Title page – (7 seconds) Mark Eckel on his Savannah Trip
11:57 – 12:34
I was very fortunate to apply for and get a slot at the National Endowment for the Humanities Workshop in Savannah, GA that was based on the, that was investigating the culture of the “Gullah-Geechee” people, African Americans who live in the Georgia low country, the Sea Islands of off the coast of Georgia and South Carolina. I have always been interested in that culture and I am interested in the Reconstruction period, and this was the place where the famous “Forty Acres and a Mule” promise was delivered and taken back.
12:45 – 13:28
I learnt things that I can use in all my classes and it has really almost changed my way of thinking. One thing, we read a lot of books. This was the assigned reading list plus a bunch of stuff we had to read online and I learnt somethings about family life in the 19th century that I am going to be able to use in my Marriage and Family class. I always make the point about how much work it took to keep a family going in the 19th century and certainly in you know the years before that, but even as recently as the 19th century, in that it really constrained people’s options about family life. Somebody had to do the work that it took to keep a family fed and clothed and housed and clean.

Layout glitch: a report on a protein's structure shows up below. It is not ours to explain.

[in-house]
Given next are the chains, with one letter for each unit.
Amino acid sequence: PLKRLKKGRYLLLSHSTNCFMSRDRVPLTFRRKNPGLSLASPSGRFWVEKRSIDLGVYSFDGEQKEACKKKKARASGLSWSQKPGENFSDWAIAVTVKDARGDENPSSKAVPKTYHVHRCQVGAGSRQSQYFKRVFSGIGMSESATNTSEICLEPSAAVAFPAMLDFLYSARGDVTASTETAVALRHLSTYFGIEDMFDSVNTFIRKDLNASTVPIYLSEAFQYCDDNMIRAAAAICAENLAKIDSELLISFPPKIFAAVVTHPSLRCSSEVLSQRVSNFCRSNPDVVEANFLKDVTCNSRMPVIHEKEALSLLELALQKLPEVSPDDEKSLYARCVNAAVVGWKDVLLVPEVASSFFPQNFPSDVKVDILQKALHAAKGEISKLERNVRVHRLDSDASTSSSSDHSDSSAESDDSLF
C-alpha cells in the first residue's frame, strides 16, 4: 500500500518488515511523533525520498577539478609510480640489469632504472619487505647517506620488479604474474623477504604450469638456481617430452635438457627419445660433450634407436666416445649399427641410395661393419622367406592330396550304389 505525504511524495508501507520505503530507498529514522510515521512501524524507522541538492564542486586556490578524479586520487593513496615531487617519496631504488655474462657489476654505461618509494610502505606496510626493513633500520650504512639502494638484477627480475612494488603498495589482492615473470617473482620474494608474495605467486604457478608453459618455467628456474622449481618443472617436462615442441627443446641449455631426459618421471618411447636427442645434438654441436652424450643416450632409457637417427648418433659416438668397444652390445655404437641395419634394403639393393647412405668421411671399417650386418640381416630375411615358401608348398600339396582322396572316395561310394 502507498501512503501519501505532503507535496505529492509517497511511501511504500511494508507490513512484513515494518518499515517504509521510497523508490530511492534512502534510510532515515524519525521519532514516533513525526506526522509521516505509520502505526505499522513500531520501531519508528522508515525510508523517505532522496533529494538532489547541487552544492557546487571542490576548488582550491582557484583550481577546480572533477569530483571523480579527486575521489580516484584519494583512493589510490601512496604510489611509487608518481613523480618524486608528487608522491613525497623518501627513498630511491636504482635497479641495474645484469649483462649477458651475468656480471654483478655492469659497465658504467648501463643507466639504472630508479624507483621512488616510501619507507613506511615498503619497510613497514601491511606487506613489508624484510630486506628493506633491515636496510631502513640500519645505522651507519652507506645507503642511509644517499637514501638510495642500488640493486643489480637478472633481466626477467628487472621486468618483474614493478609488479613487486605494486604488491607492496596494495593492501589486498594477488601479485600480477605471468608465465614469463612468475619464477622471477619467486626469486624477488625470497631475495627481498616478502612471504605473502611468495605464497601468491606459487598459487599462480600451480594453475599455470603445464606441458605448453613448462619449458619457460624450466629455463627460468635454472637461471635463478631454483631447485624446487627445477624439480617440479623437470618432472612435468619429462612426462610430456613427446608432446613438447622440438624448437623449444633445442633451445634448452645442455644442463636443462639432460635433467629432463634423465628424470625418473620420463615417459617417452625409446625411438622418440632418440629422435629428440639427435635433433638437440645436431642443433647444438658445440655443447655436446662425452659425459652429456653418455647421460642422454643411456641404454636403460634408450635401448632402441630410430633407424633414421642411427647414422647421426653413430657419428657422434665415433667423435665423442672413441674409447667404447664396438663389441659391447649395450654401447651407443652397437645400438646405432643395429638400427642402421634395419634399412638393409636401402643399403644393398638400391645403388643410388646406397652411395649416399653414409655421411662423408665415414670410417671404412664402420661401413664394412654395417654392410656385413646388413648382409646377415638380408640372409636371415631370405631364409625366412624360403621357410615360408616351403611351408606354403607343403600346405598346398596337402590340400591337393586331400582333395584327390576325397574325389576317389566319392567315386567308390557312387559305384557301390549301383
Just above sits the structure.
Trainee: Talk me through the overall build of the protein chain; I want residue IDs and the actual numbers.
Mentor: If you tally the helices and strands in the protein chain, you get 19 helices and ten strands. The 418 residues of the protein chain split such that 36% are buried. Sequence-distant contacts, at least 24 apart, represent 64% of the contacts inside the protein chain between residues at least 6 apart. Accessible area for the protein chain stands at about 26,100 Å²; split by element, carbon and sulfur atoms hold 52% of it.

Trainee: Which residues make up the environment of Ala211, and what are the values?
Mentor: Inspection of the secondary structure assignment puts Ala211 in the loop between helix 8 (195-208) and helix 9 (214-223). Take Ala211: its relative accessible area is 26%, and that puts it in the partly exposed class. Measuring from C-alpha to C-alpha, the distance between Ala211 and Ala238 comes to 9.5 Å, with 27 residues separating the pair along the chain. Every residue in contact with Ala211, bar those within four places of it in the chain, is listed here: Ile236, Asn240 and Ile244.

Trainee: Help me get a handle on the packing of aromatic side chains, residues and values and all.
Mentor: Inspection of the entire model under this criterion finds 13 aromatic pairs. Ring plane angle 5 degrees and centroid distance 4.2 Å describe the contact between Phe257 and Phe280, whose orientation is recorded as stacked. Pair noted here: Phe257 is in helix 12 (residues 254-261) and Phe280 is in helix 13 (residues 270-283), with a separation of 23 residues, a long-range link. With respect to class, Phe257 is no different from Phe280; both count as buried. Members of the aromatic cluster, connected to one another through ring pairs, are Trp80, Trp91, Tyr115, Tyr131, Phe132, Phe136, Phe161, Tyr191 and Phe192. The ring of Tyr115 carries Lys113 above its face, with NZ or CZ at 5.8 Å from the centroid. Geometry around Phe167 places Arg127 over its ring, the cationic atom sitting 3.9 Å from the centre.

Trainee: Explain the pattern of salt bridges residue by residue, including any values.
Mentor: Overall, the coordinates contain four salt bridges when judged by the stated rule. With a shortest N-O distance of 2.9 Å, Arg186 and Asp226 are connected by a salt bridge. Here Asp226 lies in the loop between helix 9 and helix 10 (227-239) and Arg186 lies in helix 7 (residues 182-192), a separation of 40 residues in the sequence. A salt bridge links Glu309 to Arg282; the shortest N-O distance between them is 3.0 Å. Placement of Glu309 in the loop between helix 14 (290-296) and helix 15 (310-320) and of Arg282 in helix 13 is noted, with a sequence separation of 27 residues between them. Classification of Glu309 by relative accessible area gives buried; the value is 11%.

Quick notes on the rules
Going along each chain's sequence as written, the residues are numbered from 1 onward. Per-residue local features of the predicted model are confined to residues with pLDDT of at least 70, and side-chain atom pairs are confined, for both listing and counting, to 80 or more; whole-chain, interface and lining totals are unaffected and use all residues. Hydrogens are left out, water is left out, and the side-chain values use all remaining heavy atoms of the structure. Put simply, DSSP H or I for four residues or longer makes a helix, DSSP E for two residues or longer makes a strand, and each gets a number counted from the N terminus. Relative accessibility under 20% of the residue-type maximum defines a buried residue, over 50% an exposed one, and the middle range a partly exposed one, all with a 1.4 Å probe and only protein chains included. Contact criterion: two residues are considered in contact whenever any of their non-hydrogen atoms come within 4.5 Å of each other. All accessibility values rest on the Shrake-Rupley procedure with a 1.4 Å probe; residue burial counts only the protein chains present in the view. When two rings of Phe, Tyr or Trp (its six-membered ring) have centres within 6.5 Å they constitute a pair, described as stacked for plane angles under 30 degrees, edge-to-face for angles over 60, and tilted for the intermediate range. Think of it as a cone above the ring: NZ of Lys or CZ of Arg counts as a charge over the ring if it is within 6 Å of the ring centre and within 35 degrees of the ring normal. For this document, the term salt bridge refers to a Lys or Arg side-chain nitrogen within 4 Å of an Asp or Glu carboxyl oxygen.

13:42 – 14:28
The other thing that I will be able to use in one of my other classes is just a reminder of the terrific mortality in those days. We talk about that in Sociology, about something called the “Demographic Transition” where we go from high fertility and lots of death to having very few children, living a very long time, and that just changes everything. Well, I was reminded in the book about the plantation, again about the mortality rate. One of the characters in this story, this is, it’s a true story, died at a great age. He was you know in his seventies. He was buried with three of his wives and fourteen of his children. So that he outlived three wives and fourteen kids and that was not that unusual in those days.